The Melbourne bayside ‘burb of Beaumaris has always has a small but intense collective of MCM soldiers to protect its rich but at-risk vein of architect designed residences built between the 1940s – 1980s. In keeping with last week’s watershed moment where it seems the entire country raised their voices, formal council objections, blogs posts, news articles, tweets and social media commentary in support of Kagan’s Lind House just over the way in the City of Glen Eira, we would like to give a shout of the Beaumaris Modern who are mobilising and taking their preservation and appreciation efforts to the next level. We were going to suggest that all those in the Bayside area (or greater Melbourne) especially newbies who are not quite sure what they know, but know what they like in the MCM homes they may spot on the street or in the homes mags, to come on down to the first celebration and open house from Beaumaris Modern. This is the first of many new adventures BM are undertaking to raise the architectural profile of their beautiful area, and attempt to open more eyes to the residential treasures in their midst;
“Join Beaumaris Modern for a night of ‘oohing’ and ‘aaahing’ over some of the most stunning examples of mid-century modernist exteriors, interiors & gardens in Beaumaris. With an introduction by special guest Tim Ross of Streets of Your Town (TV series) and Modernister Films fame, our inagural event promises to be a showstopper.Doors open 7.30pm. After the ‘slide show’, stick around to enjoy a drink & a chat with like minded, passionate mid-century fans.”
Now, we say ‘were going to suggest’ because this event with capacity for over 100 people, has sold out in days! There is no more room at the inn for interested parties – proof enough that the love of MCM and the desire to celebrate and protect it grows daily. Of course there will be more funtimes planned by Beaumaris Modern in the future, so we’d suggest you show your support by getting on board via their FB or Intsa – and make sure you don’t miss out on the next extravaganza.
And so it seems that the ‘Lind House’, the wonderful, unmolested residence by Anatol Kagan which the previous owner tried so desperately to find a loving owner to buy, was purchased by developers instead. There was no heritage overlay, and none sought. These developers are presently seeking permit for 8 town houses, see the application details here (type in application number GE/PP-30607/2017). This home will be demolished before the year is out unless the Glen Eira Council hear an uproar and re-consider their usual rubber stamp for such projects. This is the form to submit your opposition to it and more council info here – we implore you to take the small time to do this. Once it is gone, it will never be coming back.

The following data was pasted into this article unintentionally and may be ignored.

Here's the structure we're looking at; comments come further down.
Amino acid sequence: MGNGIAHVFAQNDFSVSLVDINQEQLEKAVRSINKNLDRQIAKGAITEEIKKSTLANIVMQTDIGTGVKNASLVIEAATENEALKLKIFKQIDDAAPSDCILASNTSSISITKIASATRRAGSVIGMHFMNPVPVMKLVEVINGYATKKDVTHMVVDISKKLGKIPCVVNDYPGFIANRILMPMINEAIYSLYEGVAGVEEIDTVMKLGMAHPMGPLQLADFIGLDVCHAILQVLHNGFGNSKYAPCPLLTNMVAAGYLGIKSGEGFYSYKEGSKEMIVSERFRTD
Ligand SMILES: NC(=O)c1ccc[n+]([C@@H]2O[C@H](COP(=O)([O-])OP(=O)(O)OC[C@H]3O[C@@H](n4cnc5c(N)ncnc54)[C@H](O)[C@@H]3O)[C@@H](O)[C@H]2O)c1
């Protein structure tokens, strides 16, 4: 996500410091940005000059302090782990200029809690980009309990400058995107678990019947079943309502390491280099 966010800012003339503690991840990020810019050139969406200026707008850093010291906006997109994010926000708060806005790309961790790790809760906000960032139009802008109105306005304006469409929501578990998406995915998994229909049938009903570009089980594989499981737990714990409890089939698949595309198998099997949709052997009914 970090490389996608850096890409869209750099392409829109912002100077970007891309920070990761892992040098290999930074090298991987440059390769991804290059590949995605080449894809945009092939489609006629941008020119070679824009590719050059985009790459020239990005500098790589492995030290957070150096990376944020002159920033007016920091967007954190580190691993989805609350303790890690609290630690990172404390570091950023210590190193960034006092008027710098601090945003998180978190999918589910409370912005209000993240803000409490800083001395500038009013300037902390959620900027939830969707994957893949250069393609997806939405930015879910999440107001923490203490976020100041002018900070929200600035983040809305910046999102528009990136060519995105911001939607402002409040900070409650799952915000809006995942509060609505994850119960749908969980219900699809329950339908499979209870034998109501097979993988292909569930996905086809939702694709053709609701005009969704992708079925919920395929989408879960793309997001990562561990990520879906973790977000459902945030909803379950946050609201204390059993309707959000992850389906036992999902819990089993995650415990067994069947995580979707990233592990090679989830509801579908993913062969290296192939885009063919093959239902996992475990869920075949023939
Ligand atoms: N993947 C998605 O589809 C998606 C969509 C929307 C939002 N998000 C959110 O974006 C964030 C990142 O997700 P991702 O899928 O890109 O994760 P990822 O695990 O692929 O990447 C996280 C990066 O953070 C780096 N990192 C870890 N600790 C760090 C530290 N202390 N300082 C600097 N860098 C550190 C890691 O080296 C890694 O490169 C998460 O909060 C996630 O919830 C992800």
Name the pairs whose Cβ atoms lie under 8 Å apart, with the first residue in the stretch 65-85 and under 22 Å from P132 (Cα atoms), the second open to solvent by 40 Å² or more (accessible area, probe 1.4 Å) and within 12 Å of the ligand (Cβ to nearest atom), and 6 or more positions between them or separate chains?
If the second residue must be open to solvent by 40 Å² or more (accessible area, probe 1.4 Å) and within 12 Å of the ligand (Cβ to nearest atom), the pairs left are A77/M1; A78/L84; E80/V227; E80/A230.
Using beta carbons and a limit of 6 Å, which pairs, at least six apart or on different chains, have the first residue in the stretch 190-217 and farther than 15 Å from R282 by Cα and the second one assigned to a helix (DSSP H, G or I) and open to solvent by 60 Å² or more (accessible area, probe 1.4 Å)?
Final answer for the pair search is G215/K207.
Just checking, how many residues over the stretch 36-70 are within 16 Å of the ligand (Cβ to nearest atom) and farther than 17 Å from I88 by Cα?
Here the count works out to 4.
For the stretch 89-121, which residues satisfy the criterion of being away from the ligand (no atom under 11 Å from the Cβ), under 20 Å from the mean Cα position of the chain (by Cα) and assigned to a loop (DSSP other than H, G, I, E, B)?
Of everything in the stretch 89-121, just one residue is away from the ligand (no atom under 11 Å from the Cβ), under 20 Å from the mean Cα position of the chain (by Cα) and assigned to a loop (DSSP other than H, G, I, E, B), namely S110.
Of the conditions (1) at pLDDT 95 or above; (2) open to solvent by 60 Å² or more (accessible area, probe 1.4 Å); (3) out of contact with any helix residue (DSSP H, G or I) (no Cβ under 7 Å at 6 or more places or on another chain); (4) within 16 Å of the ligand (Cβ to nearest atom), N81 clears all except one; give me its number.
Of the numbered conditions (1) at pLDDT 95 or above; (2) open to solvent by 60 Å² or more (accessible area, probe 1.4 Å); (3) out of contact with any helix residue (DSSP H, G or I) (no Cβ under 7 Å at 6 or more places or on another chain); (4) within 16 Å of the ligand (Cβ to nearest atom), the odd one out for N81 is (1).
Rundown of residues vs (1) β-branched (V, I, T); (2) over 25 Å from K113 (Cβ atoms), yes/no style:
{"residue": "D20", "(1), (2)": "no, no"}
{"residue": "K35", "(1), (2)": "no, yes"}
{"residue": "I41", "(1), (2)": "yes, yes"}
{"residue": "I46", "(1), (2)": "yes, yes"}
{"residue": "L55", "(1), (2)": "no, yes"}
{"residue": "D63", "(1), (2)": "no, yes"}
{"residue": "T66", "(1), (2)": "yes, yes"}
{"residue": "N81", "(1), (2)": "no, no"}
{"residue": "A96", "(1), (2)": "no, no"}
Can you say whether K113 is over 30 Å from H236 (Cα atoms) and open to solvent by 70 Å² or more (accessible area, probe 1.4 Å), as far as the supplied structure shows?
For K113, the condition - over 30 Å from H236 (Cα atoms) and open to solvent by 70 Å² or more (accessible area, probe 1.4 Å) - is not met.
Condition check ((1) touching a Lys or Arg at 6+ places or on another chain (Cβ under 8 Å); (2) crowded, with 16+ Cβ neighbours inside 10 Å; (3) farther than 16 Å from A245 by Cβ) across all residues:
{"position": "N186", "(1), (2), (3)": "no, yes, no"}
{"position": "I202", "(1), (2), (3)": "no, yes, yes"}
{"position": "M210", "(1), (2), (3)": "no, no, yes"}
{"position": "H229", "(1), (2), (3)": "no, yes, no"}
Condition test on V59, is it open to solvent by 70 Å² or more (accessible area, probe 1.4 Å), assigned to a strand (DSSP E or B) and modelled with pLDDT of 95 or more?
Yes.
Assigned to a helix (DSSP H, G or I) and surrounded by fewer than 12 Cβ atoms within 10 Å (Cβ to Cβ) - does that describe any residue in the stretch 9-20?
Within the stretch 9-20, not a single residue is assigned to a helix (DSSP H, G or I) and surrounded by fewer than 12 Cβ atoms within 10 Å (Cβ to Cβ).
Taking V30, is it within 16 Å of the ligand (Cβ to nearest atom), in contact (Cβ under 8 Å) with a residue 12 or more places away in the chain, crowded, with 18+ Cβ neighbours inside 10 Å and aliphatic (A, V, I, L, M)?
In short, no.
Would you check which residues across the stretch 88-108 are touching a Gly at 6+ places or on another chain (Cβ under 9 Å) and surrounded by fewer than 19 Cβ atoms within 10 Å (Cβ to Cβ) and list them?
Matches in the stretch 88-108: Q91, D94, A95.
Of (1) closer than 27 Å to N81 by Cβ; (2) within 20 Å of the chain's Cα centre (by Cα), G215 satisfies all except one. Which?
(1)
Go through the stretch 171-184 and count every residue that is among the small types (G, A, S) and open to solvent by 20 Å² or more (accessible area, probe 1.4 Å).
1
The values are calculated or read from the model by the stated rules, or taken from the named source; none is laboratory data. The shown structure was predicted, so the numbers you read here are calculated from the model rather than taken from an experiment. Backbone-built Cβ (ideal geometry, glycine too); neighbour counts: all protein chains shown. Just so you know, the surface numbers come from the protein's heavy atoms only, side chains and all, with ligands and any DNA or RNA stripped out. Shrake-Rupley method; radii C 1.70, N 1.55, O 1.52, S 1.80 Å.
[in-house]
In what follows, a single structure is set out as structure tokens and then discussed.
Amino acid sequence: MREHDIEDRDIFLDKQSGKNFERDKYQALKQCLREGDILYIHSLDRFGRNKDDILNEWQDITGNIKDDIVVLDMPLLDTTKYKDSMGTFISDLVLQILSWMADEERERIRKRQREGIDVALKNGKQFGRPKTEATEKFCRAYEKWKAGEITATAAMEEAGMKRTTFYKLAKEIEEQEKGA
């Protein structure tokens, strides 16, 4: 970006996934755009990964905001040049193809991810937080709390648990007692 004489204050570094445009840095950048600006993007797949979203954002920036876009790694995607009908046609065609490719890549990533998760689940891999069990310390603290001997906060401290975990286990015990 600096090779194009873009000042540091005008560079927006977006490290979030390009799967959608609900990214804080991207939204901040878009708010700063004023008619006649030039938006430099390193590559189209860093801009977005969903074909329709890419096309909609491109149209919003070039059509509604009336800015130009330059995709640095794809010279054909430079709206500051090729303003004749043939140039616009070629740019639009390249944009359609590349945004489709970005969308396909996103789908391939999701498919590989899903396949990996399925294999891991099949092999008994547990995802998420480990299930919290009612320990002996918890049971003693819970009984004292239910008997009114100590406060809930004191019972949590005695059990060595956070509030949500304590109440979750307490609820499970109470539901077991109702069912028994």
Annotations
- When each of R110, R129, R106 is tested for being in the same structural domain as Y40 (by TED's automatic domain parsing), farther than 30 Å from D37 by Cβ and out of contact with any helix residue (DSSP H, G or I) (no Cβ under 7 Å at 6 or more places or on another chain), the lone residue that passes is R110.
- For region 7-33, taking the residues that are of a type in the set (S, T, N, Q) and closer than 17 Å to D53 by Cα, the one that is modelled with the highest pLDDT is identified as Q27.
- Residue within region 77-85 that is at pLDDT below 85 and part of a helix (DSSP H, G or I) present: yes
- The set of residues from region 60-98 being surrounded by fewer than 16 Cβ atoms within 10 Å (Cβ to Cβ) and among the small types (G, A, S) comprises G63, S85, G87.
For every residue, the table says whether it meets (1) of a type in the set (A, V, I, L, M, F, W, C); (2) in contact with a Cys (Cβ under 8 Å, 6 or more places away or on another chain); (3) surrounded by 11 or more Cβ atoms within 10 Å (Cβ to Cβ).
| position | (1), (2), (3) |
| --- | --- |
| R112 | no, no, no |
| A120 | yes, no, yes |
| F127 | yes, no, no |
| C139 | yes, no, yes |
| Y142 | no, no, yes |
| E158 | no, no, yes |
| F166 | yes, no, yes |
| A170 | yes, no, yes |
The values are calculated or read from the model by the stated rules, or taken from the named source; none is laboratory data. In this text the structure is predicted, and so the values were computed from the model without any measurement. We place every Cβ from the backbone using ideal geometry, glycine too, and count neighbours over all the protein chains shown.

This home is one of only a small collective of domestic buildings conceived by a noted, local Mid-Century architect which survive in the leafy ‘burbs of Melbourne. Several others by Kagan such as ‘Anschel’ and ‘Lyall’ houses (both in Kew) are revered, photographed, treated with love and lived in as per their original remit. ‘Lind House’ has a rightful place among them. It is not a wreak. It is not some half-baked retro Modern curio. It has pedigree, intrinsic value and is part of Melbourne’s history.
**Update** Wowee! What an response we – all the Modernist social media and bloggers – have garnered! The mainstream press is all over this AND (what’s even better) it looks like the Glen Eira Mayor has applied for interim protection for this residence from the Planning Minister (fingers crossed). In addition they have have made the call out to anyone to advise them of any MCM architecture to note for their comprehensive heritage review presently underway. So to ensure your local Modernist favourite in the hood does not suffer the same precarious fate at the ‘Lind House’ we’d suggest letting Glen Eira council know about it ASAP. In a spread which includes suburbs like Caulfield, Elsternwick and St Kilda we know there is a lot worth protecting.
If you are anything like us, you cry salty tears of mirth and recognition when perusing mcmansionhell.com. The way Kate Wagner offers architectural critique reaches far beyond the easy (and somewhat uninformed snobby) utterances of “It’s just not cool” into the realm of social, political and economic discourse with triumphant humor. She understands the McMansion as a tool employed to boast of moderate wealth and fill holes of self-esteem in situ, free from any deeper design or construction considerations and contemplates their ultimate symbolism of pre-GFC house-as-investment culture which continues to permeate our own country like a virus, all in between outrageously hilarious stabs at bitter families living beneath the chandeliers and marble veneer. If you’d like to hear her in fine action listen to episode #27 of US Modernist Radio.